The people of Turkmenia who are of Mongolian descent still respect some of the same sacred images that the Mongolians crafted into jade figures in pre-historic times. The Turkic speaking people from the Altai mountain region had come down to the plains of Turkmenistan and most of its neighboring countries beginning around 500 A.D. They were numerous in the region by 900 A.D.
From the time that they came down from the mountains, they continued to maintain their tradition of crafting sacred amulets in wood, weaving them into their garments and tent furnishings and wearing them on their persons in the form of silver jewelry. By the late 1800s, their metal smiths were crafting fine jewelry in gilded silver decorated with the ancient tribal symbols, especially the ram's head or ox head, depending on the interpreter of the various pieces of jewelry.
If you mentally rotate the above image into a rectangle instead of the diamond shape in which it is designed to be worn, you will see an abstract image of the horns and eyes of a male mountain sheep, known by herders as a ram. The Turkmen were hunters of the mountain sheep while still in the Altai mountains, and followers of domesticated sheep bred from the mountain sheep when the tribes descended from their mountain home to the desert oases of Turkmenistan and surrounding areas.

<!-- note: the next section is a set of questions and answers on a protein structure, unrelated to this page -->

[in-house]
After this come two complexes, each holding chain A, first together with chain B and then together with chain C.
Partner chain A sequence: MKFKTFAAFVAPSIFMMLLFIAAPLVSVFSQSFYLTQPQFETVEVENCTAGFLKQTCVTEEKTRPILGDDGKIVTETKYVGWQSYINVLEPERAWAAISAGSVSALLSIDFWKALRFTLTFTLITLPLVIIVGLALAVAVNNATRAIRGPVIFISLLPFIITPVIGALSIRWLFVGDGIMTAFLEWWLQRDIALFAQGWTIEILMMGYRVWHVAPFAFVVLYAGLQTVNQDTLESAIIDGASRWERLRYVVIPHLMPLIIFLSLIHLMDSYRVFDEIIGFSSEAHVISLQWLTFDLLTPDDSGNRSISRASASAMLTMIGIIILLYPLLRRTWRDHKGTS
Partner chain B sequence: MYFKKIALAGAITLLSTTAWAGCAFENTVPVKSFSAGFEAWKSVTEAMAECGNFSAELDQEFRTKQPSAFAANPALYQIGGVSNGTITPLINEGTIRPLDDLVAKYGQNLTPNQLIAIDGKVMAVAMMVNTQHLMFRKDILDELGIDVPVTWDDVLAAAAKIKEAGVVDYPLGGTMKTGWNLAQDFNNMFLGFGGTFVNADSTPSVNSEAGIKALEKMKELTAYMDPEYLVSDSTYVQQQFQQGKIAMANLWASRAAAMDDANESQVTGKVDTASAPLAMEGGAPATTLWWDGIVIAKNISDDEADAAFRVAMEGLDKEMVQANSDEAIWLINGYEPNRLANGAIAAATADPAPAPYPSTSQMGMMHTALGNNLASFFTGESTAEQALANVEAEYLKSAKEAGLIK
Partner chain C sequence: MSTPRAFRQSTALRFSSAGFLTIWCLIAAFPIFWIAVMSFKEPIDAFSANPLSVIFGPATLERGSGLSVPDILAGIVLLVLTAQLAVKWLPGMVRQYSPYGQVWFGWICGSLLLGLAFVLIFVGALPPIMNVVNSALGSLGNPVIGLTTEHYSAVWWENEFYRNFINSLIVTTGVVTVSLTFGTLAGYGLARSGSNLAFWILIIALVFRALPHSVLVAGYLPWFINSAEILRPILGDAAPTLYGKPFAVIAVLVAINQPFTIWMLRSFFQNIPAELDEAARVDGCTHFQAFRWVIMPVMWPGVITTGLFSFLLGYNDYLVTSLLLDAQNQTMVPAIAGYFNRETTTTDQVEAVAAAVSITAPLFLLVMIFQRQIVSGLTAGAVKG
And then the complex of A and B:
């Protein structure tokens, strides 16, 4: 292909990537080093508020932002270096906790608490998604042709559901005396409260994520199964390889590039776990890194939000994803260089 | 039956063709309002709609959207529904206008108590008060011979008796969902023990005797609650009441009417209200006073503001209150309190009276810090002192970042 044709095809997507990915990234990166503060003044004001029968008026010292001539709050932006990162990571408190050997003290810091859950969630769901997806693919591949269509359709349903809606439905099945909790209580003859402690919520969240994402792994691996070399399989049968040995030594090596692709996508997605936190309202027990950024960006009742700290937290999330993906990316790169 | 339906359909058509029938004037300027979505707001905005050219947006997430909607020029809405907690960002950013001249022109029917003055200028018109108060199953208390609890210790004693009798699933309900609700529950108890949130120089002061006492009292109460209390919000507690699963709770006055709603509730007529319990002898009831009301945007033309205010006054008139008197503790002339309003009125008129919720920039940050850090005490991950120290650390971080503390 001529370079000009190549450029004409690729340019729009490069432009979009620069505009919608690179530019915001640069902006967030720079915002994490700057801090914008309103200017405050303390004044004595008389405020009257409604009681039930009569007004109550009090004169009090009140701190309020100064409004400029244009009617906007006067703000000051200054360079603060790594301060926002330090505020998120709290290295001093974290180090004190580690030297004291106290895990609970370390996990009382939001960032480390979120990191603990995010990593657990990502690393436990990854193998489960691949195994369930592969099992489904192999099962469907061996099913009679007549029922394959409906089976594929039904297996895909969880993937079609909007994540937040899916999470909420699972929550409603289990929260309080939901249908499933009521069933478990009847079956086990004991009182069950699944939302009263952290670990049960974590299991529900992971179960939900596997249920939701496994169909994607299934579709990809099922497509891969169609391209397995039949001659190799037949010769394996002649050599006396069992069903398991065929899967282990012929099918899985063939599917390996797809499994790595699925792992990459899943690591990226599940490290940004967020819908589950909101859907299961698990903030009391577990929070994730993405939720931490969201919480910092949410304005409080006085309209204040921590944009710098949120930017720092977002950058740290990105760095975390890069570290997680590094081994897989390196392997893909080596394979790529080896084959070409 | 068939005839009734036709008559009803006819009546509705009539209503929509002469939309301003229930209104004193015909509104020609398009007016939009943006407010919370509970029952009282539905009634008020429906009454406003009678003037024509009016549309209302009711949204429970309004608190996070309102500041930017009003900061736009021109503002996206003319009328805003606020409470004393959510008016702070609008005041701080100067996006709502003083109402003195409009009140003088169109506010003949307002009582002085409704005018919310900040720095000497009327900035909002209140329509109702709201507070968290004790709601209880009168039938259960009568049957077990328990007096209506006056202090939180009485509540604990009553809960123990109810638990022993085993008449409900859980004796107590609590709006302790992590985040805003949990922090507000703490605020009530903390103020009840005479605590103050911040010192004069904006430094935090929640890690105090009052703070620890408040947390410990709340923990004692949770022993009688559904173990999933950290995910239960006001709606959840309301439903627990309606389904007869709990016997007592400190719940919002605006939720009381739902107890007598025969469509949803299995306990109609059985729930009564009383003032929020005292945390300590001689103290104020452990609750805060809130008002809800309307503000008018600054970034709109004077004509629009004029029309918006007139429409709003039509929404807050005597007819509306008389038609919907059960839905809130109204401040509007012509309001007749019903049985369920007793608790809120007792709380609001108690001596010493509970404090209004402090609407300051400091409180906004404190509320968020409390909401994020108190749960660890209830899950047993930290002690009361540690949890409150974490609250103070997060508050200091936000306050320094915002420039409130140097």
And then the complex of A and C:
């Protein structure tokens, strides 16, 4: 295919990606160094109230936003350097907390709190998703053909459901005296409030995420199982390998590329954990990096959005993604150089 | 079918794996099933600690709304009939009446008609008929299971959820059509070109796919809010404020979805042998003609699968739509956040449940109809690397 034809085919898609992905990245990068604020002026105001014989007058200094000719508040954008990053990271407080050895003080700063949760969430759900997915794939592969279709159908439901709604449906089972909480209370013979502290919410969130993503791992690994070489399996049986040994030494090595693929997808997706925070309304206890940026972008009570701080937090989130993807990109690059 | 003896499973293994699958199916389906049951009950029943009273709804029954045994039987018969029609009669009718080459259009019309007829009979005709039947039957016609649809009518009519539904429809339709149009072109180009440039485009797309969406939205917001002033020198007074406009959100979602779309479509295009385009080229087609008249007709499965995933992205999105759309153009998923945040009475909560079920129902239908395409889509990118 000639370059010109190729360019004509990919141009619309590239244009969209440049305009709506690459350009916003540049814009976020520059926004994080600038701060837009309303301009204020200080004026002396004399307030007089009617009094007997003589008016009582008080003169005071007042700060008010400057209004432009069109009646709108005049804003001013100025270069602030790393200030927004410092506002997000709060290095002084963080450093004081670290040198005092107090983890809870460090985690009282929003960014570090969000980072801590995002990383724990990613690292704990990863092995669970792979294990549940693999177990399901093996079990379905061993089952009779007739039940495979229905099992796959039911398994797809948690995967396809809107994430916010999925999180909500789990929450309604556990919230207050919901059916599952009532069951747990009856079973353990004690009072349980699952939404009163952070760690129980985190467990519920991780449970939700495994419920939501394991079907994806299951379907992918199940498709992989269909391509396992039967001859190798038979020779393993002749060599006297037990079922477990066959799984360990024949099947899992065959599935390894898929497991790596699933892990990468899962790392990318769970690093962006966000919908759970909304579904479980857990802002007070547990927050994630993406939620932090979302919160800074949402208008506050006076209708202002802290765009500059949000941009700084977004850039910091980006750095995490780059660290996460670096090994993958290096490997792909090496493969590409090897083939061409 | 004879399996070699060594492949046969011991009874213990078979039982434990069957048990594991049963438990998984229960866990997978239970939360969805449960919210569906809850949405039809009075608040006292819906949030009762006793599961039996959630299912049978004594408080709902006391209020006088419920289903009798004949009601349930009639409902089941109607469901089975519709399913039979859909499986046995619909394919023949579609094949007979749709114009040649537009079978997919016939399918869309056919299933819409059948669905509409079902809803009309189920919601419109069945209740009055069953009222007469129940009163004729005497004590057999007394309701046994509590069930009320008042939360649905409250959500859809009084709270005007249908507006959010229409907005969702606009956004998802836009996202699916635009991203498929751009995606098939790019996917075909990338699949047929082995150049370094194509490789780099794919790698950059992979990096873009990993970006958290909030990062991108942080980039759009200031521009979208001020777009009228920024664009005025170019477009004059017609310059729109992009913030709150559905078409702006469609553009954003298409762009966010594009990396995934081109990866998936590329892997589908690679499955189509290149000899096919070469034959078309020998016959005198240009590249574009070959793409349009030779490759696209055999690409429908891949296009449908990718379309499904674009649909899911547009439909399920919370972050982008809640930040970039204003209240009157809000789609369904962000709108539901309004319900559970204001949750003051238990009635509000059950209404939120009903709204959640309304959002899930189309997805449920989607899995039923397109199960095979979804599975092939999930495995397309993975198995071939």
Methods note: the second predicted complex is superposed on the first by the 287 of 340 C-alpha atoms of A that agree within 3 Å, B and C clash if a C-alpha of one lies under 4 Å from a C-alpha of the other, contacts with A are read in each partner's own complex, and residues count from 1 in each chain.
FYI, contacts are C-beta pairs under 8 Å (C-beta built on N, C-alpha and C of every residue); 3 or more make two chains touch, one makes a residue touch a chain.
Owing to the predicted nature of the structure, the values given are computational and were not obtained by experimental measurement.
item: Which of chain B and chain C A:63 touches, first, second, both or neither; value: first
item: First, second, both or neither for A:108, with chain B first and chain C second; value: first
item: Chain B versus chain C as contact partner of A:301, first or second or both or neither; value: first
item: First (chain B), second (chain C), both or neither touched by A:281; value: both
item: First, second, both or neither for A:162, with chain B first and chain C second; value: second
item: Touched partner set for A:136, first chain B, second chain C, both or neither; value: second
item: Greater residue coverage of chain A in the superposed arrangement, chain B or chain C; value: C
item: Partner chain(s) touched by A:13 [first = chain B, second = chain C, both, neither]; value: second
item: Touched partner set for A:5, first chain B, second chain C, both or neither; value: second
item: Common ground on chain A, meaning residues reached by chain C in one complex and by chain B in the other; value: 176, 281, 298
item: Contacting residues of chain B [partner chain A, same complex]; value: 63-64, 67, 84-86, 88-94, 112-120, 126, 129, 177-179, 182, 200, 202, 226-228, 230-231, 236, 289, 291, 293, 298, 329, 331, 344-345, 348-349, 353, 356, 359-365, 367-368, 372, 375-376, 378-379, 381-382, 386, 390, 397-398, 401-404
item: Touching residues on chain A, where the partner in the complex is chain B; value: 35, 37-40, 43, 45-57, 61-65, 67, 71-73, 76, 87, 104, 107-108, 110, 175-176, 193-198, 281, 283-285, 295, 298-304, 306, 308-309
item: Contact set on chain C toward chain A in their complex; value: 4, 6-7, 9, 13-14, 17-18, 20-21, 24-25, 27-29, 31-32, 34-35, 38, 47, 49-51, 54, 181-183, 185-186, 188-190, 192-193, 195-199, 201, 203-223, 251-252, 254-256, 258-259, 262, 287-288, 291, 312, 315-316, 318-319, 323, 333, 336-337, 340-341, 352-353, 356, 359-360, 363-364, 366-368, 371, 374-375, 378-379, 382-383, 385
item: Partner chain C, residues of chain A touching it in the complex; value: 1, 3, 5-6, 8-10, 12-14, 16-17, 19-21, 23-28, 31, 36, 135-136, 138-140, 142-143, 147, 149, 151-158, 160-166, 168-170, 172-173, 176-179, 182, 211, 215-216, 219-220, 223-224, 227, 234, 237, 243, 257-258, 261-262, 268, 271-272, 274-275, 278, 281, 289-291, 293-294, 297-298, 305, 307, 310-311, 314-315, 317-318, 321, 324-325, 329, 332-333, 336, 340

On a different Turkoman ornament, you see more obvious imitation of the ram's horn, but without the eyes:
These photos of items from my jade collection will show some of the common characteristics of this totem shared over time and distance by the long-lived Mongol cultures. Here is a jade reproduction in more representational art than was used in ancient times when making the extremely hard jade stone into life-like images was a much more difficult art than it is with the coming of the industrial age when the image below was made in red jade that was used by the ancient culture now named Liangzhu.